To help you understand what a meter is and how to determine it, I suggest you take a watch and stamp your foot every second. Do you hear? You tap one share, or one bit per second. Now, looking at your watch, tap your foot twice a second. There was another pulse. The frequency with which you stamp your foot is called at a pace (or meter). For example, when you stamp your foot once per second, the tempo is 60 beats per minute, because there are 60 seconds in a minute, as we know. We stomp twice a second, and the pace is already 120 beats per minute.
In music notation, it looks something like this:
This designation tells us that a quarter note is taken as a unit of pulsation, and this pulsation goes with a frequency of 60 beats per minute.
Here’s another example:
Here, too, a quarter duration is taken as a unit of pulsation, but the pulsation speed is twice as fast – 120 beats per minute.
There are other examples when not a quarter, but an eighth or half duration, or some other one, is taken as a pulsation unit … Here are a few examples:
In this version, the song “It’s Cold in the Winter for a Little Christmas Tree” will sound twice as fast as the first version, since the duration is twice as short as a unit of meter – instead of a quarter, an eighth.
Such designations of tempo are most often found in modern sheet music. Composers of the past eras used mostly verbal description of the tempo. Even today, the same terms are used to describe the tempo and speed of performance as then. These are Italian words, because when they came into use, the bulk of music in Europe was composed by Italian composers.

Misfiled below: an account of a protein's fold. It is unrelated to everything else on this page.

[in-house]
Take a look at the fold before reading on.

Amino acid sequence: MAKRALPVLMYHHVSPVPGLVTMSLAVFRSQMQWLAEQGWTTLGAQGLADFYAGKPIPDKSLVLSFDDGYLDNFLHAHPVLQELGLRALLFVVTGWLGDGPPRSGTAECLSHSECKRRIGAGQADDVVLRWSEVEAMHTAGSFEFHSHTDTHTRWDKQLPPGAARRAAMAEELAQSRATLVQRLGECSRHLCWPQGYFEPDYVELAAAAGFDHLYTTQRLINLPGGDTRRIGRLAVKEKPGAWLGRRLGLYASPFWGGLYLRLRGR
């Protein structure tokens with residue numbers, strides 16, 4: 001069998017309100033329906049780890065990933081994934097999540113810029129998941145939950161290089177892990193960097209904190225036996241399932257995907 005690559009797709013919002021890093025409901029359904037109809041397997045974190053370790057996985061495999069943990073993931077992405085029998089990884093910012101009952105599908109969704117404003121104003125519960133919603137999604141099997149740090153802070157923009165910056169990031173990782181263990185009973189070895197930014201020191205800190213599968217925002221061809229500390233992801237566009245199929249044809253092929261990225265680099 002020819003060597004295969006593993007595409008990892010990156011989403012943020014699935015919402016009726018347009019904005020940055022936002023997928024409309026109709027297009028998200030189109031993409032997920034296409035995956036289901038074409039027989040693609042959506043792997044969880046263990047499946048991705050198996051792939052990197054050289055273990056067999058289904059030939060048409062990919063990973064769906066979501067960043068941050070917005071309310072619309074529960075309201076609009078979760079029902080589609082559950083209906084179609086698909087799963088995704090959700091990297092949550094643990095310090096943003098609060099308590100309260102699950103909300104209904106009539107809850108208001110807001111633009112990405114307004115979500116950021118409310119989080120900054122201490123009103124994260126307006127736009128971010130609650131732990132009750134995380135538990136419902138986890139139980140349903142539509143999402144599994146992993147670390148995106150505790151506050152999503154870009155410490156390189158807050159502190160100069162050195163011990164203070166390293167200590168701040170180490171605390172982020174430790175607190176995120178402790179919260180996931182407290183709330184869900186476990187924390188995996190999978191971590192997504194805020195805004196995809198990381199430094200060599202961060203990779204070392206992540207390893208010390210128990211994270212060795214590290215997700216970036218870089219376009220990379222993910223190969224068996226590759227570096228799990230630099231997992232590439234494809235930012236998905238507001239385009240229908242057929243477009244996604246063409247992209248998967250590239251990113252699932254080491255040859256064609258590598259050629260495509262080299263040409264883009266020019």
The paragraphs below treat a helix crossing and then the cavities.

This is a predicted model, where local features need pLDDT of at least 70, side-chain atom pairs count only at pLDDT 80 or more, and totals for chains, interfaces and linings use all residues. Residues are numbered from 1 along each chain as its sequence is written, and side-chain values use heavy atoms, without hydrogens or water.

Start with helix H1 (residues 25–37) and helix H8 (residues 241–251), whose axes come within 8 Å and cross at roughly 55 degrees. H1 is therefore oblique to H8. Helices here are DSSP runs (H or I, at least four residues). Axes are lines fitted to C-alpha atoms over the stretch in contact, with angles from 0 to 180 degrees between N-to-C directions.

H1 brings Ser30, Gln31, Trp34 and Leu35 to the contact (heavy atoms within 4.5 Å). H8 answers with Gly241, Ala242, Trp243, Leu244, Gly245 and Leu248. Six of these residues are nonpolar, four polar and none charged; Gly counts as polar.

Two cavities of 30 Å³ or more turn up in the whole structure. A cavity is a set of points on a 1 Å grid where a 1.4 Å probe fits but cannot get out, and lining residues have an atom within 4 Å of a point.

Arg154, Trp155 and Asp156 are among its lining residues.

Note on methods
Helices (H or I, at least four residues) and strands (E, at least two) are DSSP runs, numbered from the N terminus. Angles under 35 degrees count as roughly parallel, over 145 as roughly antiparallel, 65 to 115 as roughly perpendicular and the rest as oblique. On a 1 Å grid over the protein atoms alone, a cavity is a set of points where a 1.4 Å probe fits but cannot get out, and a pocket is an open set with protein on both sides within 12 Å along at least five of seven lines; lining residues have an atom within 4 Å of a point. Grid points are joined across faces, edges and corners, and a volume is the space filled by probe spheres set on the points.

The following are the most common notation for tempo in music. In brackets for convenience and a more complete idea of the tempo, the approximate number of beats per minute for a given tempo is given, because many people have no idea how fast or how slow this or that tempo should sound.
- Grave – (grave) – the slowest pace (40 beats / min)
- Largo – (largo) – very slowly (44 beats / min)
- Lento – (lento) – slowly (52 beats / min)
- Adagio – (adagio) – slowly, calmly (58 beats / min)
- Andante – (andante) – slowly (66 beats / min)
- Andantino – (andantino) – leisurely (78 beats / min)
- Moderato – (moderato) – moderately (88 beats / min)
- Allegretto – (allegretto) – pretty fast (104 beats / min)
- Allegro – (allegro) – fast (132 bpm)
- Vivo – (vivo) – lively (160 beats / min)
- Presto – (presto) – very fast (184 beats / min)